Strategies to Maintain Face Use effective word choice. Challenge versus Problem (Russell, 2004) Focus on the objectives decided by the group. Praise good work done by each individual. Keep it professional. Don’t allow anyone to be singled out. Find creative ways to deal with perceived failings. Determine if there was a misunderstanding about what was wanted. Swap tasks to see if there’s a better fit. Determine if the task could be done another way. Reexamine the desired outcome and brainstorm new ways to get there.
Habitual Clarification Our memories often play tricks on us, and we remember what WE think we were supposed to do, and not what was expected of us. Ways to stay on task include: Frequent notes or requests for clarification. When in doubt, ask! A log— , memo, or other written document—that all members of the group have access to. A chart with the steps clearly outlined and completion dates. Planned meetings or check-in points. Sometimes there is nothing to be done until one part of the project is complete. It’s still worthwhile to bolster up the “face” and participate by encouragement/interest.
When it All Breaks Down Emotional Backlash Discomfort often founded in an unintentional slight. Personality Conflict Perceptions of the world and how to communicate in it can be influenced by: Family Field Society Culture Other
Taking a Step Back Coping strategies begin with awareness that something has gone wrong, and the ability to step back from the personal discomfort and view the situation dispassionately. There are two perspectives: Recognize that someone else is upset. Body language Tone of voice/word choice Attitude Recognize YOU are upset. Discomfort or irritation with someone or something said.
Strategies for communication breakdown: He looks upset…. Be direct. Often people don’t realize what has bothered them—they just perceive that somehow you’ve been disrespectful. Force them to address that feeling or concern. Be honest. Especially if English isn’t your first language, this isn’t your field of study, or you’ve had a hard time getting the hang of the context, let them know that perhaps you made a mistake. Ask them to help you pinpoint it. You don’t have to lose face to say, “Perhaps I didn’t word that the best way. Maybe I need a bit more coffee. Could you tell me what you understood, and I’ll see if I can clarify my idea?” Sometimes nothing is bothering them but a headache, and this concern becomes attention to their personal well-being. Thoughtful people make good collaborators.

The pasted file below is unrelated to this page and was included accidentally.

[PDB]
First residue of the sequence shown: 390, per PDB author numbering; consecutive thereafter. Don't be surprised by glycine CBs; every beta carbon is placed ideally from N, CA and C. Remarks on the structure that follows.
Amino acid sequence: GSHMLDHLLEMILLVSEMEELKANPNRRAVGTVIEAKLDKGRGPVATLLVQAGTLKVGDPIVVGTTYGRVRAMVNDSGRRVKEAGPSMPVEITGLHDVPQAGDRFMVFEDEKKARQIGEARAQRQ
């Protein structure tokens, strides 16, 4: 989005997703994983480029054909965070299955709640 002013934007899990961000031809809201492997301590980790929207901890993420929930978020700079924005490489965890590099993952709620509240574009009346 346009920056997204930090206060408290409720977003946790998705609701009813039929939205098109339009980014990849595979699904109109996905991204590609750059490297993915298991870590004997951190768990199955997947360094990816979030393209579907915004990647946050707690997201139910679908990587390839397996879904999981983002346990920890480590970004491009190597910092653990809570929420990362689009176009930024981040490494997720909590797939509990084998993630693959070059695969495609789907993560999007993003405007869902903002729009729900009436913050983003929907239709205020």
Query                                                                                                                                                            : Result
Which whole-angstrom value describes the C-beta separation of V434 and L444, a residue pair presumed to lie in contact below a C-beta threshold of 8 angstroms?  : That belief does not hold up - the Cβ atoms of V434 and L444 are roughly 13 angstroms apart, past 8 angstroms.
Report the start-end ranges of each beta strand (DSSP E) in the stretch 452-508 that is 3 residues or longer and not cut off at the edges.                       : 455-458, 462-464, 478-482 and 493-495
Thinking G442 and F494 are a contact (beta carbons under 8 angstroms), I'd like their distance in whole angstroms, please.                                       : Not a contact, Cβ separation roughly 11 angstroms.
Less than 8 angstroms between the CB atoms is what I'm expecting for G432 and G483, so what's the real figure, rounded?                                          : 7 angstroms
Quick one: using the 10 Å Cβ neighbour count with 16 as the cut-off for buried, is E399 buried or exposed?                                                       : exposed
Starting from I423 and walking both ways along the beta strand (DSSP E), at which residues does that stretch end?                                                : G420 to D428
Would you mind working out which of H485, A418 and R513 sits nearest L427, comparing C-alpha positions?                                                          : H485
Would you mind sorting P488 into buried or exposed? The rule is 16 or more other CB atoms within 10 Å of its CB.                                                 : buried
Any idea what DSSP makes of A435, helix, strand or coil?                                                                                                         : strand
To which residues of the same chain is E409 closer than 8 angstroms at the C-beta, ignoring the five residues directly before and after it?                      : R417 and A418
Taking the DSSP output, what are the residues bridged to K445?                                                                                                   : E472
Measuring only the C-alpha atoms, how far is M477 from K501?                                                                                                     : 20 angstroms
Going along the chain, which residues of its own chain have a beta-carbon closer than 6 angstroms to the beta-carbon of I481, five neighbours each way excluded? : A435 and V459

Strategies for communication breakdown: I’M upset…. Do NOT respond. Take a minute and decide WHY you feel upset. The words they used? You look short. They weren’t polite? Must I fill this out? They presumed upon your time or good will? I know you will help me study. ALWAYS assume they didn’t mean it. Give them the benefit of the doubt, and give them a chance to try again. Use 3-Way-Communication, rephrasing it as would make more sense in the conversation before the disconnect. “You want to know if you need to complete this form, right?”
In Essence Especially for situations where a high level of interpersonal difference can cause points for misunderstanding, facework and the need for written reinforcement should be stressed. Awareness of one’s own understanding of how to communicate, and the other ways that are possible, can help keep collaboration a creative and open process. Agreed-upon protocols and clearly defined terms and goals will go a long way when collaborating in interdisciplinary or intercultural contexts.
Some Interesting Reading Pauline, F., & Amy Snyder, O. (2005). Negotiation for meaning and peer assistance in second language classrooms. Applied Linguistics, 26(3), Retrieved from EBSCOhost. Why Clare. (2010, Jan. 28) Three-way communication. Retrieved from communication/ communication/ Russell, N. (2004). Winning at work: Words. Words. Words. Retrieved from Arundale, R. B. (2010). Constituting face in conversation: Face, facework, and interactional achievement. Journal of Pragmatics, 42(8), doi: /j.pragma